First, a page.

Transient ischemic attack

Last revised by Rohit Sharma on 4 Apr 2024

Transient ischemic attacks (TIAs) describe a transient episode of neurological dysfunction caused by focal brain, spinal cord, or retinal ischemia, without acute infarction.

In the past, transient ischemic attack was arbitrarily distinguished from stroke by the duration of neurological symptoms of less than 24 hours 1. However, this definition allowed for risk of permanent infarction to be classified as a transient ischemic attack, and thus the aforementioned tissue-based definition was favored 1. It is well established nowadays that in most transient ischemic attacks, symptoms resolve in less than one hour but occasionally prolonged episodes may occur 1,2

The incidence increases with age, with approximately 0.1 million new cases per year reported world wide. A male gender predominance noted in an American population 10.

Risk factors are essentially typical vascular risk factors, such as hypertension, cigarette smoking, and diabetes mellitus 10.

The clinical features are variable and dependent on the mechanism (see below):

  • low-flow transient ischemic attack: classic transient focal neurological symptoms, either anterior or posterior circulation symptoms, last only minutes, and are often recurrent 3

  • embolic transient ischemic attack: similar presentation to a thromboembolic ischemic stroke, localized to a specific arterial territory rather than a general circulation, tend to last hours, and do not tend to be recurrent 3

  • lacunar or small penetrating vessel transient ischemic attack: also known as the capsular warning syndrome, these are similar to low-flow transient ischemic attacks but the transient and recurrent neurological symptoms are those of lacunar stroke syndromes 4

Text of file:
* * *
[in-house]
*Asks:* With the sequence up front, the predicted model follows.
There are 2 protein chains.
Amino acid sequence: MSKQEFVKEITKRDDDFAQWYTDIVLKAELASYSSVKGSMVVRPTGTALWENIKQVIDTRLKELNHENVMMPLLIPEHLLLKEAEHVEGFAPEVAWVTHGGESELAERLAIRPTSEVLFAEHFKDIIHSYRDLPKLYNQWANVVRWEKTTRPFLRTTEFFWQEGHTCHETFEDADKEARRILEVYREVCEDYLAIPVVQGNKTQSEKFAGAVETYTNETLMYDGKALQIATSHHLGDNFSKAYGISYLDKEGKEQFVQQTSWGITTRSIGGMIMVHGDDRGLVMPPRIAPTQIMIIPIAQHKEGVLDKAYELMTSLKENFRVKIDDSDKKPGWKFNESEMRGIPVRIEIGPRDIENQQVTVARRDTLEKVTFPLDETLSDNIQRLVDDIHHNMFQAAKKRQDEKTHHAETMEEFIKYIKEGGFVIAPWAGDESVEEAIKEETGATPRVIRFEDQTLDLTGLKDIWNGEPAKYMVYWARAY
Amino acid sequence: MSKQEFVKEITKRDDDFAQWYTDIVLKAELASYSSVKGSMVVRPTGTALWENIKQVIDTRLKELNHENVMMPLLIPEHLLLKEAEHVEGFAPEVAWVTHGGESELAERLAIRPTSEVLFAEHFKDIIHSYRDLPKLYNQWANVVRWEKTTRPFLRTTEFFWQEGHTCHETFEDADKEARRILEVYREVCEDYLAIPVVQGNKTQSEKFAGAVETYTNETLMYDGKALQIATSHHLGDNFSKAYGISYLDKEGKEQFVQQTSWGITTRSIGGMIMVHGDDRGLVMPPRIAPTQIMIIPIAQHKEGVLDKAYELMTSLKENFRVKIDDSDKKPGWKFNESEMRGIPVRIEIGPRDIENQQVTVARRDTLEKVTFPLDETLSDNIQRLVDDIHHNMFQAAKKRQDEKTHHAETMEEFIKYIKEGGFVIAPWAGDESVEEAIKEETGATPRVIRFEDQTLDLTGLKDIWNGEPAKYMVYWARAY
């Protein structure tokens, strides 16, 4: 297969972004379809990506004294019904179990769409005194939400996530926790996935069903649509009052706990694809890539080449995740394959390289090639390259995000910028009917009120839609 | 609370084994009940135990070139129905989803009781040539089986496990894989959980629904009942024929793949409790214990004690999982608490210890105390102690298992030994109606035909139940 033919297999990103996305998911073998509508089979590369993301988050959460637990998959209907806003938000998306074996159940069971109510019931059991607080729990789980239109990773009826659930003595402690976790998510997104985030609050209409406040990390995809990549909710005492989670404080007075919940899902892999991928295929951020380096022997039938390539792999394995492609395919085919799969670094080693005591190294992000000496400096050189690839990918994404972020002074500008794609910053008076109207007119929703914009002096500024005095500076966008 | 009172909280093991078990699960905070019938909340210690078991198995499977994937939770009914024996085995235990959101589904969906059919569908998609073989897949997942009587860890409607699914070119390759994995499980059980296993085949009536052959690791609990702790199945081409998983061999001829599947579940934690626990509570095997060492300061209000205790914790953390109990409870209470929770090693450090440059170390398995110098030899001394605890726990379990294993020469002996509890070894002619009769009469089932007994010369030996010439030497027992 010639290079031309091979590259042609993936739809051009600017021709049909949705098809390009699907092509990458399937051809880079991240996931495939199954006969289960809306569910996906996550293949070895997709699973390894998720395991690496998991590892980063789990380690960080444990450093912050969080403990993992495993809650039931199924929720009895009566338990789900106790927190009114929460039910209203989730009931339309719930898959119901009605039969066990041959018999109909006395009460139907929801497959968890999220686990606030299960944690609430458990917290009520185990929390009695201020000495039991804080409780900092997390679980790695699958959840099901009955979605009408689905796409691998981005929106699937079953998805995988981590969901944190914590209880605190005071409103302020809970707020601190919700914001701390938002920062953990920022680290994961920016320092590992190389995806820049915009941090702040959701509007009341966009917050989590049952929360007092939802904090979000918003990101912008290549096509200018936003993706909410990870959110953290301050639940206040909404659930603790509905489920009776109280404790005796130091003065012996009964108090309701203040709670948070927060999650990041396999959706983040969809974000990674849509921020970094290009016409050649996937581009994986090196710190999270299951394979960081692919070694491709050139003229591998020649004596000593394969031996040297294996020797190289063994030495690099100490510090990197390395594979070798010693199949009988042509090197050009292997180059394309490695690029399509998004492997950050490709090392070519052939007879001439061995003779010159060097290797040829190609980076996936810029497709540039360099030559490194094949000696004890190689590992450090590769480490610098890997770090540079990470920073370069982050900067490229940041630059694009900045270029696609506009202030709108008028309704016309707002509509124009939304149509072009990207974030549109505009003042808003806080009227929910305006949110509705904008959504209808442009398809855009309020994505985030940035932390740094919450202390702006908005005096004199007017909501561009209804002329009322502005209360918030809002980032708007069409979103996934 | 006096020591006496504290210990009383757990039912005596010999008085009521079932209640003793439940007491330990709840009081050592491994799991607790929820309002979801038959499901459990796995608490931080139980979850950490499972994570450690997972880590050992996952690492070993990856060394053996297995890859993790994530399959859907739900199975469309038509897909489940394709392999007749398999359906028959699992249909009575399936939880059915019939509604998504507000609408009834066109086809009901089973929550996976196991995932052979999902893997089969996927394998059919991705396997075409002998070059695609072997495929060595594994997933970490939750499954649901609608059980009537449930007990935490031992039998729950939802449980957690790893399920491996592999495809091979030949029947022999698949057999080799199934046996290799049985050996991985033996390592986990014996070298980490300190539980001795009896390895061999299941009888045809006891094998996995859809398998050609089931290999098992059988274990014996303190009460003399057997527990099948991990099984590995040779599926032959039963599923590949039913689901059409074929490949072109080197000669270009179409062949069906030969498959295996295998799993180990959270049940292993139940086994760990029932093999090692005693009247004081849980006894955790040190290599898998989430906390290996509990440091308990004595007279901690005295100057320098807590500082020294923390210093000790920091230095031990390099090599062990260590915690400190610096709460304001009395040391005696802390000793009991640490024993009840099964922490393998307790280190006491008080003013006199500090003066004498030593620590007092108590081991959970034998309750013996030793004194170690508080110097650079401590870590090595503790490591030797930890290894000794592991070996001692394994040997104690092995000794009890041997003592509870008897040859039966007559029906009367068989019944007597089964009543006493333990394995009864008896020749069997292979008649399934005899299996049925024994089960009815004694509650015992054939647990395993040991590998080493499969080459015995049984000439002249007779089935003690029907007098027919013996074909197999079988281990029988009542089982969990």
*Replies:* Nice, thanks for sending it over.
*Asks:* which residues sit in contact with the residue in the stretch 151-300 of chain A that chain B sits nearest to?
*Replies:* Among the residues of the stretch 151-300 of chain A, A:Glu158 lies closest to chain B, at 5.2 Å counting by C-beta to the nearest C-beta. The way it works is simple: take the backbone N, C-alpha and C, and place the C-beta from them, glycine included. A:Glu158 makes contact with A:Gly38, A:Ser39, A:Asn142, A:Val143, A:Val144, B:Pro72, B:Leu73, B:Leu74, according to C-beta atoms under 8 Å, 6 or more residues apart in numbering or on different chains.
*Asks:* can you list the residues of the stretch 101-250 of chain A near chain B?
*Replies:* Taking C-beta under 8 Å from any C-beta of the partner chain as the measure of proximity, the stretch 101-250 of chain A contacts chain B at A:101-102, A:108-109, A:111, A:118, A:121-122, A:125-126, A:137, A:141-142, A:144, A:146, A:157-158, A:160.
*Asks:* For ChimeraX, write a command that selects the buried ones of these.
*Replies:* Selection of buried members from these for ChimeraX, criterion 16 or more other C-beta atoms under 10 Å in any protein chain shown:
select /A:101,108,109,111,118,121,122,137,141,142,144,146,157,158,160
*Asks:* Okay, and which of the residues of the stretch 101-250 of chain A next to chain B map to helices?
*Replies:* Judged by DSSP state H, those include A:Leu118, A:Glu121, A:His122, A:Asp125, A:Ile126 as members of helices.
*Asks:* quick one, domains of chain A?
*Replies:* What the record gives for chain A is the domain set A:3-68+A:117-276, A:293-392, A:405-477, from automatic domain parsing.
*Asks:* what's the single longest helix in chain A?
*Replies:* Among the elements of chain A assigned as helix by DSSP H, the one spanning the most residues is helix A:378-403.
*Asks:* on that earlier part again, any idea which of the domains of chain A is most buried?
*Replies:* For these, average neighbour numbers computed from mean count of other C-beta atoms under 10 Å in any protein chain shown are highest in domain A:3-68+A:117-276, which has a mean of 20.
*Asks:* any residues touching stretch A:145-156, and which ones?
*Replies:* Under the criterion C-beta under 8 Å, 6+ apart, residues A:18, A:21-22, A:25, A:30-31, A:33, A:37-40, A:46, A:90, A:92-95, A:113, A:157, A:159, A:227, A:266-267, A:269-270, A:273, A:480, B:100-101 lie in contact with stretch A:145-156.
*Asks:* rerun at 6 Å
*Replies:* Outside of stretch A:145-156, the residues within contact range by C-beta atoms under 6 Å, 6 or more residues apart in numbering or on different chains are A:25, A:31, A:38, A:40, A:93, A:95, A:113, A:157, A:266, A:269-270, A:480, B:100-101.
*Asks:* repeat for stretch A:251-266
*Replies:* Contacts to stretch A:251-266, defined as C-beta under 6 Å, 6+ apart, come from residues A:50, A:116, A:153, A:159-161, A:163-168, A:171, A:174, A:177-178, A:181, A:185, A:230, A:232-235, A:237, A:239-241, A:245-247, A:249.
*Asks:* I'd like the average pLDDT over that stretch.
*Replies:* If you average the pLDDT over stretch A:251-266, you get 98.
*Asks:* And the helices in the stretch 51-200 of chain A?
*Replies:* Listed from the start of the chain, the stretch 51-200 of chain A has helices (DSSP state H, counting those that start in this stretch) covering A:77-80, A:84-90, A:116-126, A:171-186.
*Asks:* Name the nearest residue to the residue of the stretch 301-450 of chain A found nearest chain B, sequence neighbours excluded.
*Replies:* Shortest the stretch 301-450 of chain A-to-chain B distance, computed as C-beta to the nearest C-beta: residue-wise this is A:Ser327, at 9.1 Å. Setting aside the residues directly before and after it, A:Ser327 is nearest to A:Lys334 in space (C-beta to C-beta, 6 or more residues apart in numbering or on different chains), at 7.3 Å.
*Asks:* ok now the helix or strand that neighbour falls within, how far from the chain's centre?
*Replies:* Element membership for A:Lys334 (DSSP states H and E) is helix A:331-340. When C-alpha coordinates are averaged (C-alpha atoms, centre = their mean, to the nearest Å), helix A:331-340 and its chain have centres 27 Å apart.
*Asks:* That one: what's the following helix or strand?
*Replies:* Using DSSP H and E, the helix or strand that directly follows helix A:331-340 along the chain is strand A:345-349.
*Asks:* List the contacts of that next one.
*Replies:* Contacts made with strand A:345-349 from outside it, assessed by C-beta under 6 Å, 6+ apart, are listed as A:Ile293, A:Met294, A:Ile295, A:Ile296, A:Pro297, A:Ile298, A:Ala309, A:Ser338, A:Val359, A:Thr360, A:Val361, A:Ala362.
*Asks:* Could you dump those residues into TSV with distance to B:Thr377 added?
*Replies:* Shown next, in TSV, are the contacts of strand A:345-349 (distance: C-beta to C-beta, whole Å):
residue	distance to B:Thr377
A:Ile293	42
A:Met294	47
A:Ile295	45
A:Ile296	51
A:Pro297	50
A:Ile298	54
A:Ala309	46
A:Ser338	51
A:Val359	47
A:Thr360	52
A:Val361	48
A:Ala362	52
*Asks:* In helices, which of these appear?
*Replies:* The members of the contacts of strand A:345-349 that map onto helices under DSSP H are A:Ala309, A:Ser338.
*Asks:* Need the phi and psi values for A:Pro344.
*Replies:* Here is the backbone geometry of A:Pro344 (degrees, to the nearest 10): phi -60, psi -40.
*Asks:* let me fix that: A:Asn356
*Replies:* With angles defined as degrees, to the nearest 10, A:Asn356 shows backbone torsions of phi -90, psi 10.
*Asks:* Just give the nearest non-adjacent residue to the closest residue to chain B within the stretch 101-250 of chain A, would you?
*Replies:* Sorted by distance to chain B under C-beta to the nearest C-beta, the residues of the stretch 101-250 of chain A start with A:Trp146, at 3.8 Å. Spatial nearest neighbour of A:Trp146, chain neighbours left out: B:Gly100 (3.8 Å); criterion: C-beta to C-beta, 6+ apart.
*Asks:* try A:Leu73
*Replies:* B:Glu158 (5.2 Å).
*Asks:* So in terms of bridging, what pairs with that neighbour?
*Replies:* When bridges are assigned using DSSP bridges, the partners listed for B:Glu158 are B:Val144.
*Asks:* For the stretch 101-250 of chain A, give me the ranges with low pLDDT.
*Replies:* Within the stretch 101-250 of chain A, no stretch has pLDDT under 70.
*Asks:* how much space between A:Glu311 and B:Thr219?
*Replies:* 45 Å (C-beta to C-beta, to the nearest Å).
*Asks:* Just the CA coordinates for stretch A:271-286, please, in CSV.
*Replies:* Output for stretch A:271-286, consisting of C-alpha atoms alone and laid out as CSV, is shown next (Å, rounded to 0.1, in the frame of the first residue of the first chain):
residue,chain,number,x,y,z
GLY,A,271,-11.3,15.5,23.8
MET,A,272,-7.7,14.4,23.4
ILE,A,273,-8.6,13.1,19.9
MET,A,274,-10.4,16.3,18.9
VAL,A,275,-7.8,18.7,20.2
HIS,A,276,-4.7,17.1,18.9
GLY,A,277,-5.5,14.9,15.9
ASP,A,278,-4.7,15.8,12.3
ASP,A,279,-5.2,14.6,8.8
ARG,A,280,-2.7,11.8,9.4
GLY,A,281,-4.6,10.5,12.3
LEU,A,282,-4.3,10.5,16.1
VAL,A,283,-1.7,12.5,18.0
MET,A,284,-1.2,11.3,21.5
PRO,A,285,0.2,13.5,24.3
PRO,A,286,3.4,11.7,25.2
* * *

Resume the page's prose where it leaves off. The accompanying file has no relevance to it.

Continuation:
There are three pathophysiological mechanisms:

  • low-flow transient ischemic attack: caused by large artery stenosis (e.g. internal carotid artery stenosis1,3

  • embolic transient ischemic attack: caused by the same etiologies of thromboembolic ischemic stroke 1,3

    • there is controversy as to whether these should actually be classified as strokes as per the tissue-based definition

  • lacunar or small penetrating vessel transient ischemic attack: caused by either stenosis of intracranial arteries (e.g. middle cerebral artery stenosis) or lipohyalinosis of penetrating arteries 1,4

There is uncertainty regarding the radiographic features of transient ischemic attacks given that there is currently no perfect radiographic corollary to the pathology, especially when even minute regions of infarction could differentiate a stroke from a transient ischemic attack 1. While CT brain is often unremarkable, there is controversy regarding the significance of regions demonstrating high signal on DWI, a finding present in approximately half of all transient ischemic attacks 5.

It has been proposed that if a region demonstrates high signal on DWI, and especially if there is no early DWI reversal, then that is a region of infarction and hence should be a stroke and not a transient ischemic attack 5. However, the confusion lies if a lesion demonstrates early DWI reversal, because it has been found that these such lesions may still have some degree of infarction, and thus the patient may, in fact, have had a stroke instead of a transient ischemic attack 6,7. Thus, determining which, or determining if all, "DWI-positive" transient ischemic attacks should, in fact, be classified as strokes remains unclear and a subject of ongoing research 5

Management is complex, but in short, revolves around determining the etiology of the transient ischemic attack, risk stratification, and then medical (e.g. aspirin, statin) and/or surgical therapy (e.g. carotid endarterectomy) where appropriate 8.

The term transient ischemic attack was coined by Charles Miller Fisher (1913-2012), a renowned Canadian neurologist, in 1951 9. The term capsular warning syndrome was coined by Geoffrey Donnan, Australian neurologist, and colleagues in 1993 4.

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